Physical therapy is a great conservative management option for various types of elbow pain. A physical therapist is a trained medical professional that can expertly assess your elbow pain and prescribe and apply various evidence-based treatment modalities such as ice therapy, massage, progressive exercises, elbow pain stretches, etc which will help in reducing your pain and improving elbow function and movement over time.
Home Management of Elbow Pain
Depending on the cause of your elbow pain, the following might be useful in reducing your elbow pain (2):
- – Ice Pack, Heat Pack, Hot Water Bottle: Placing these over the painful area for an extended period can provide a level of relief for your pain.
- – Braces or Immobilizers: Elbow braces can be very helpful in reducing elbow pain, especially at very early stages of injury. They also help to protect the joint, allowing better healing by disallowing further injury to the bones, muscles, ligaments, and tendons of the joint.
- – Stopping and reducing overuse of the elbow joint: If there is a particular activity that you are aware might be the cause of your elbow pain, you would have to stop or greatly reduce such activity to allow the joint to heal. However, gentle elbow pain stretches help in pain reduction.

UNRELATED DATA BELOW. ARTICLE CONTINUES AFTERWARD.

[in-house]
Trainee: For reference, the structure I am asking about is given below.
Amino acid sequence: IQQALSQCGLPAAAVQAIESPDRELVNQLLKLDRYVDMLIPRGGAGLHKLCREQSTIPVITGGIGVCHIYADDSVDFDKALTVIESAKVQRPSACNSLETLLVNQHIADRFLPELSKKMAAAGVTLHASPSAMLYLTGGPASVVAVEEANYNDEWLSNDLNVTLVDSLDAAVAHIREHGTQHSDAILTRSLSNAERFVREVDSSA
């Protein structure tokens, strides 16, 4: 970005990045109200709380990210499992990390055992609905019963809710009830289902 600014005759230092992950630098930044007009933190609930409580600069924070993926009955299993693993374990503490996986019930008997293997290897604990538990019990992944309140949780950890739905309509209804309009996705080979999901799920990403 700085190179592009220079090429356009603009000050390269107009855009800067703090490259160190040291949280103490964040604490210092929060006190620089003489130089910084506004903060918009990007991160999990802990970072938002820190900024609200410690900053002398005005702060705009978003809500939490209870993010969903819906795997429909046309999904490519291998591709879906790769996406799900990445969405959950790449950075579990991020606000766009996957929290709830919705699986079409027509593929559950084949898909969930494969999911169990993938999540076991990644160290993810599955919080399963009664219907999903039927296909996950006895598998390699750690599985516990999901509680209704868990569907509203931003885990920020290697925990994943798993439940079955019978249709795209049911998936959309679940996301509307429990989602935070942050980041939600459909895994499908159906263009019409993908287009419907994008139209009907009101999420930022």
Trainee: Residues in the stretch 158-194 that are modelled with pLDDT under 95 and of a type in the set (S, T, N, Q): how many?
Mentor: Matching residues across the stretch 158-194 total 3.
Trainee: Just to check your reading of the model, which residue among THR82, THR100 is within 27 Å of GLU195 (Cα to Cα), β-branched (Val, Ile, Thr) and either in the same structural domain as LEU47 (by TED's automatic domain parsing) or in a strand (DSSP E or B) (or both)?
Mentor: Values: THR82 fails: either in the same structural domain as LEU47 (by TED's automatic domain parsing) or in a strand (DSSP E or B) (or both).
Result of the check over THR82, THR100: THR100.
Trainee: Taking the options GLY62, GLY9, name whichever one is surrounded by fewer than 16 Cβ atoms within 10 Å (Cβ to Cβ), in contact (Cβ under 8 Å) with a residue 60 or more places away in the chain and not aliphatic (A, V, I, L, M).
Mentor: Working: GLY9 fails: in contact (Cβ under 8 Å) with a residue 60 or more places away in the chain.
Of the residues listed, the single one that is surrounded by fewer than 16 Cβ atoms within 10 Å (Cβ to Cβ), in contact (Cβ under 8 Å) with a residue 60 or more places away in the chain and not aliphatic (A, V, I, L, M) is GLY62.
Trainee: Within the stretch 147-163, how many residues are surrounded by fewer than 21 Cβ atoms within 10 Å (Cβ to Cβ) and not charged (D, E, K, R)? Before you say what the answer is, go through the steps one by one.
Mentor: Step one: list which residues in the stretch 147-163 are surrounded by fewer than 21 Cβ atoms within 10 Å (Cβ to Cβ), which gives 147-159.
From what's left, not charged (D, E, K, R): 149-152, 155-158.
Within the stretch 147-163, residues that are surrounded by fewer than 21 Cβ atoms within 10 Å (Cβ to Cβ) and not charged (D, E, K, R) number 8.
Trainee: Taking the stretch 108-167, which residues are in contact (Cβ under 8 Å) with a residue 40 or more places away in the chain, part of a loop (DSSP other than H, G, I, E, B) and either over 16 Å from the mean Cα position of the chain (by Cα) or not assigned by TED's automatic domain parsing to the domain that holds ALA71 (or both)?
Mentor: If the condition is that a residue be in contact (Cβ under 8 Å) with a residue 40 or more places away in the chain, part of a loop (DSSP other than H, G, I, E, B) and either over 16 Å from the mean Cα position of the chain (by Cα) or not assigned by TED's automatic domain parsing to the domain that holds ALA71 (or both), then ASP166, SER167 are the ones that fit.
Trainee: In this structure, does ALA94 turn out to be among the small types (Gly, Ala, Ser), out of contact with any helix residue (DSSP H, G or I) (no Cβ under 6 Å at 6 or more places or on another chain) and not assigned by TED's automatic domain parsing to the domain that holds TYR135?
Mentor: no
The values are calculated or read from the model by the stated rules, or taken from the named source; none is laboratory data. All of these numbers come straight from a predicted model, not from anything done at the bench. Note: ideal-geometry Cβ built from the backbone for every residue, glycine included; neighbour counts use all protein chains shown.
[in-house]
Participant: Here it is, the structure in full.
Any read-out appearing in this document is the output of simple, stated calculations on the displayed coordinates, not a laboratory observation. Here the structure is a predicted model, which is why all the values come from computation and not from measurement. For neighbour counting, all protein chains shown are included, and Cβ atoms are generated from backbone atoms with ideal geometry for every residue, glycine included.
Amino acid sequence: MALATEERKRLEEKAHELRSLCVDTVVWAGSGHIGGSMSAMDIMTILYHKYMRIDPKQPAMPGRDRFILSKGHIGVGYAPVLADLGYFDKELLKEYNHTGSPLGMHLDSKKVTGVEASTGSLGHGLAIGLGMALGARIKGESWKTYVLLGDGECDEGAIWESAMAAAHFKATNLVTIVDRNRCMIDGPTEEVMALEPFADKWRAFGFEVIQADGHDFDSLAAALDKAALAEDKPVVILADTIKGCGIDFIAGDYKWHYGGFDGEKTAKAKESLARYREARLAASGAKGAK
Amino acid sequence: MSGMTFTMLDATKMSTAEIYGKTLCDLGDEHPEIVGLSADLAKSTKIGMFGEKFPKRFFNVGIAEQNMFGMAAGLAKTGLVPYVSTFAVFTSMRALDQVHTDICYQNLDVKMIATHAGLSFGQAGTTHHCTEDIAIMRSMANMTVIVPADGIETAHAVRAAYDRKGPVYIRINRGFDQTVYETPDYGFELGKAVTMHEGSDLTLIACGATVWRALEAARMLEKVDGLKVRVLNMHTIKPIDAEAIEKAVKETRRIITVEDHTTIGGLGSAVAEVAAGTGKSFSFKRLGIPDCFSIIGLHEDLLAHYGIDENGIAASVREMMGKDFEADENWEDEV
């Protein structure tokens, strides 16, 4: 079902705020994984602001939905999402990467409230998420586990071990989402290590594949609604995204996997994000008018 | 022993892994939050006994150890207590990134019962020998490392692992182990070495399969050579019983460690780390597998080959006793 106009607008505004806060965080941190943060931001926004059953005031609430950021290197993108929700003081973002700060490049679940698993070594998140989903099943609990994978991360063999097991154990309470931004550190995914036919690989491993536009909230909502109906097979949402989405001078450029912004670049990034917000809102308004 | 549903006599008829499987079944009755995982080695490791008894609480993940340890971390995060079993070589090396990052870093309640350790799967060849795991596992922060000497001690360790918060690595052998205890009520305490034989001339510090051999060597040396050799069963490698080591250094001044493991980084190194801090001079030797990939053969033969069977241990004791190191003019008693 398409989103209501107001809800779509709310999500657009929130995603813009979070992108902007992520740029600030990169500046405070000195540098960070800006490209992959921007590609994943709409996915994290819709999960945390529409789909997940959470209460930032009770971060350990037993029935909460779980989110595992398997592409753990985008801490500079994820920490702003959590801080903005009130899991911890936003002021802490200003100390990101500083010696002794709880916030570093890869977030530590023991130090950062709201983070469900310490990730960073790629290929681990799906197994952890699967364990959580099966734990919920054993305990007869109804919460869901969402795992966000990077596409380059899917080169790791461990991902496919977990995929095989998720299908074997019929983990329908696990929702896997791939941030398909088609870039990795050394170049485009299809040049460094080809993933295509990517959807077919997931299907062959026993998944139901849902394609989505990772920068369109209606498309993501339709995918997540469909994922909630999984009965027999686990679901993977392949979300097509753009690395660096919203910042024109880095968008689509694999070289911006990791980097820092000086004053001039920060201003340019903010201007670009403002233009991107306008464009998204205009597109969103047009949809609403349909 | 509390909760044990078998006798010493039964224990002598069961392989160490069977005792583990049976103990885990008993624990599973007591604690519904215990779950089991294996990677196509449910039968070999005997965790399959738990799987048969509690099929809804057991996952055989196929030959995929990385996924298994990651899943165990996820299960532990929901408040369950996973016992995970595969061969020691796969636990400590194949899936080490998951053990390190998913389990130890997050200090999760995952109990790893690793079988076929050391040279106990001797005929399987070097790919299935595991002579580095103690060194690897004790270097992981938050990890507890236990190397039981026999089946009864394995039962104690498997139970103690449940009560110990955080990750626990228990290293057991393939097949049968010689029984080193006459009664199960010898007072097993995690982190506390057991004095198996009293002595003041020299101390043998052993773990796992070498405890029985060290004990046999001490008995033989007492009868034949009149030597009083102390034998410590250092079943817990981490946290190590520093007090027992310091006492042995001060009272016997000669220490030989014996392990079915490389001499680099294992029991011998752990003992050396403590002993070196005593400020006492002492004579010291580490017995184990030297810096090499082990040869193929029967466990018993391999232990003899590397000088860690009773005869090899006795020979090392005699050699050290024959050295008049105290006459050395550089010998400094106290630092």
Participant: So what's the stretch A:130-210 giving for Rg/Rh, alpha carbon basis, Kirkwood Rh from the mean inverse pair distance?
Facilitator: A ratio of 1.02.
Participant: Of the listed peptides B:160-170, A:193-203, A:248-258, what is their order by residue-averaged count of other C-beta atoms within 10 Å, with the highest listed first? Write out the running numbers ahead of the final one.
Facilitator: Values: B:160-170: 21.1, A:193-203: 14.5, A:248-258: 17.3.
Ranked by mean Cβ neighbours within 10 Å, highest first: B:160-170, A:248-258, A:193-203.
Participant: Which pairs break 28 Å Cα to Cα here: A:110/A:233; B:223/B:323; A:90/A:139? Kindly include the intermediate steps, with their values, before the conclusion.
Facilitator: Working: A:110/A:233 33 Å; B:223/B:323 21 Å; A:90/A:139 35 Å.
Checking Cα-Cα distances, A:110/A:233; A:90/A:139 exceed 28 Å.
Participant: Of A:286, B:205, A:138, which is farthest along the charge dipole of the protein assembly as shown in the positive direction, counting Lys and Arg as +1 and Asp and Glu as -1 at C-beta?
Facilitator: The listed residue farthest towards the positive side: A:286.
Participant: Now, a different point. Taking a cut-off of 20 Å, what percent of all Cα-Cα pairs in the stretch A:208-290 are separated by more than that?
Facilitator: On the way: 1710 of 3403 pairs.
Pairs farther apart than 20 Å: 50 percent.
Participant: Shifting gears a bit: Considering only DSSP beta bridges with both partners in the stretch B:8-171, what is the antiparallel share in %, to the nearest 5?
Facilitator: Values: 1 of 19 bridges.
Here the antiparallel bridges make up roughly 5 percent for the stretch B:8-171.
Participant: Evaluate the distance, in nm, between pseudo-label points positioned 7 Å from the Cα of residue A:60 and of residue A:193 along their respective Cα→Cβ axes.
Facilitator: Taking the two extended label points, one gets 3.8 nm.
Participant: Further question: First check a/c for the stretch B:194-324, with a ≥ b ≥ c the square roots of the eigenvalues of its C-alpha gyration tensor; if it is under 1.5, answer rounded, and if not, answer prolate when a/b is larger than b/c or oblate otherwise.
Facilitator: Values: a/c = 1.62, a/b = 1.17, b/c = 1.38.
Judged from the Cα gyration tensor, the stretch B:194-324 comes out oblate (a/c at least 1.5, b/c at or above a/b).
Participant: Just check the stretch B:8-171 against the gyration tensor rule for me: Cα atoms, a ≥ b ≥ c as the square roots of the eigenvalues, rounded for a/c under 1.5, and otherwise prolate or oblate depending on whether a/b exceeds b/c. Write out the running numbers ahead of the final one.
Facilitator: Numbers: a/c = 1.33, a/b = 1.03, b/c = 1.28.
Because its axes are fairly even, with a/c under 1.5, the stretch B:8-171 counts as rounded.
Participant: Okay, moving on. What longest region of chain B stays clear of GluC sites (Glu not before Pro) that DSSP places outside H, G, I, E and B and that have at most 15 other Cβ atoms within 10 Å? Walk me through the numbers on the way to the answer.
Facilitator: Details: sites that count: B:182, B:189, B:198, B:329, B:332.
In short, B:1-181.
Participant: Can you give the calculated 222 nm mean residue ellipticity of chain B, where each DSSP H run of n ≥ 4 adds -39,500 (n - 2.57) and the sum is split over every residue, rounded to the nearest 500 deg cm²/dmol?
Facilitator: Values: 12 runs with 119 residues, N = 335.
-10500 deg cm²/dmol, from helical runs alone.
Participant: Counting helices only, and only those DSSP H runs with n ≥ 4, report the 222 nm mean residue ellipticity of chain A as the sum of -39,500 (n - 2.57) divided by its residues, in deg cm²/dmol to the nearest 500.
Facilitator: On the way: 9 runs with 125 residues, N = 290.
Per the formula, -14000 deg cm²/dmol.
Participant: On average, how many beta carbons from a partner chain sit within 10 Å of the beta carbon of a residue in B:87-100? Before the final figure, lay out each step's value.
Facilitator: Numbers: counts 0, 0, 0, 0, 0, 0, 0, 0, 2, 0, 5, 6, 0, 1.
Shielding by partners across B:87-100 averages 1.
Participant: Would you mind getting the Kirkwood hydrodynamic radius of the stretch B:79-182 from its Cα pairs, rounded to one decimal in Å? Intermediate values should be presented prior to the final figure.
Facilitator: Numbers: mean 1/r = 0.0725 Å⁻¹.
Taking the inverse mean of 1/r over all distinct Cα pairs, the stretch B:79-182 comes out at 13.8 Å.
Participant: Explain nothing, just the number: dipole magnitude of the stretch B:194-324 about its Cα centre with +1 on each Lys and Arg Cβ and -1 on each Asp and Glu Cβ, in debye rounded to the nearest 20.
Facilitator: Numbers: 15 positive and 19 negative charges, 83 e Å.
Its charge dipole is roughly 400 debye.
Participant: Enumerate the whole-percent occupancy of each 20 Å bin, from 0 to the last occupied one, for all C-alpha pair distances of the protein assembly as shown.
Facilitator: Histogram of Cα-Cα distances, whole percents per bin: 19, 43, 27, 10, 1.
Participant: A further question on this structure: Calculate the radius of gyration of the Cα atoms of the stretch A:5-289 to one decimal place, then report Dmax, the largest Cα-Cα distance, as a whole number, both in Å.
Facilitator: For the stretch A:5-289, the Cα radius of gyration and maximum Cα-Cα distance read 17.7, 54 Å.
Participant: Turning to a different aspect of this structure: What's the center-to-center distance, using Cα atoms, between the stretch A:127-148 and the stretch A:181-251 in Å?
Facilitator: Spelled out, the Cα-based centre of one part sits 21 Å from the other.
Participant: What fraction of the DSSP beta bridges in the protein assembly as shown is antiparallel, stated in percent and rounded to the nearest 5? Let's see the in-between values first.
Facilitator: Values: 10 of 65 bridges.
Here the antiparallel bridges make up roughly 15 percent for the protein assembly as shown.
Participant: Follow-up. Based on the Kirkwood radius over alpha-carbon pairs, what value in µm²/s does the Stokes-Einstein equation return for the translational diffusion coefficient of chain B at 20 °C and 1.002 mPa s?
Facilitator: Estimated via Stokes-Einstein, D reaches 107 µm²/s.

- – Taping: Elbow pain kt tape (kinesiotape) provides some placebo pain relief (12). In addition to this effect, when done properly, elbow pain kt tape could act as a brace and protect the ligaments and tendons of the elbow joints from further injury.
- – Elbow Padding
Ensure that you discuss all modalities with your doctor or physical therapist before trying them out at home.
Prevention of Elbow Pain
Usually, elbow pain is caused by overuse of the elbow joint for jobs, sports, and hobbies. Elbow pain can be prevented by (14):
- – Using the proper sporting techniques.
- – Using elbow padding.
- – Warming up and stretching the muscles around the elbow before sporting activities.
- – Using a properly-sized grip on sports equipment and applying the right tension when handling racquets.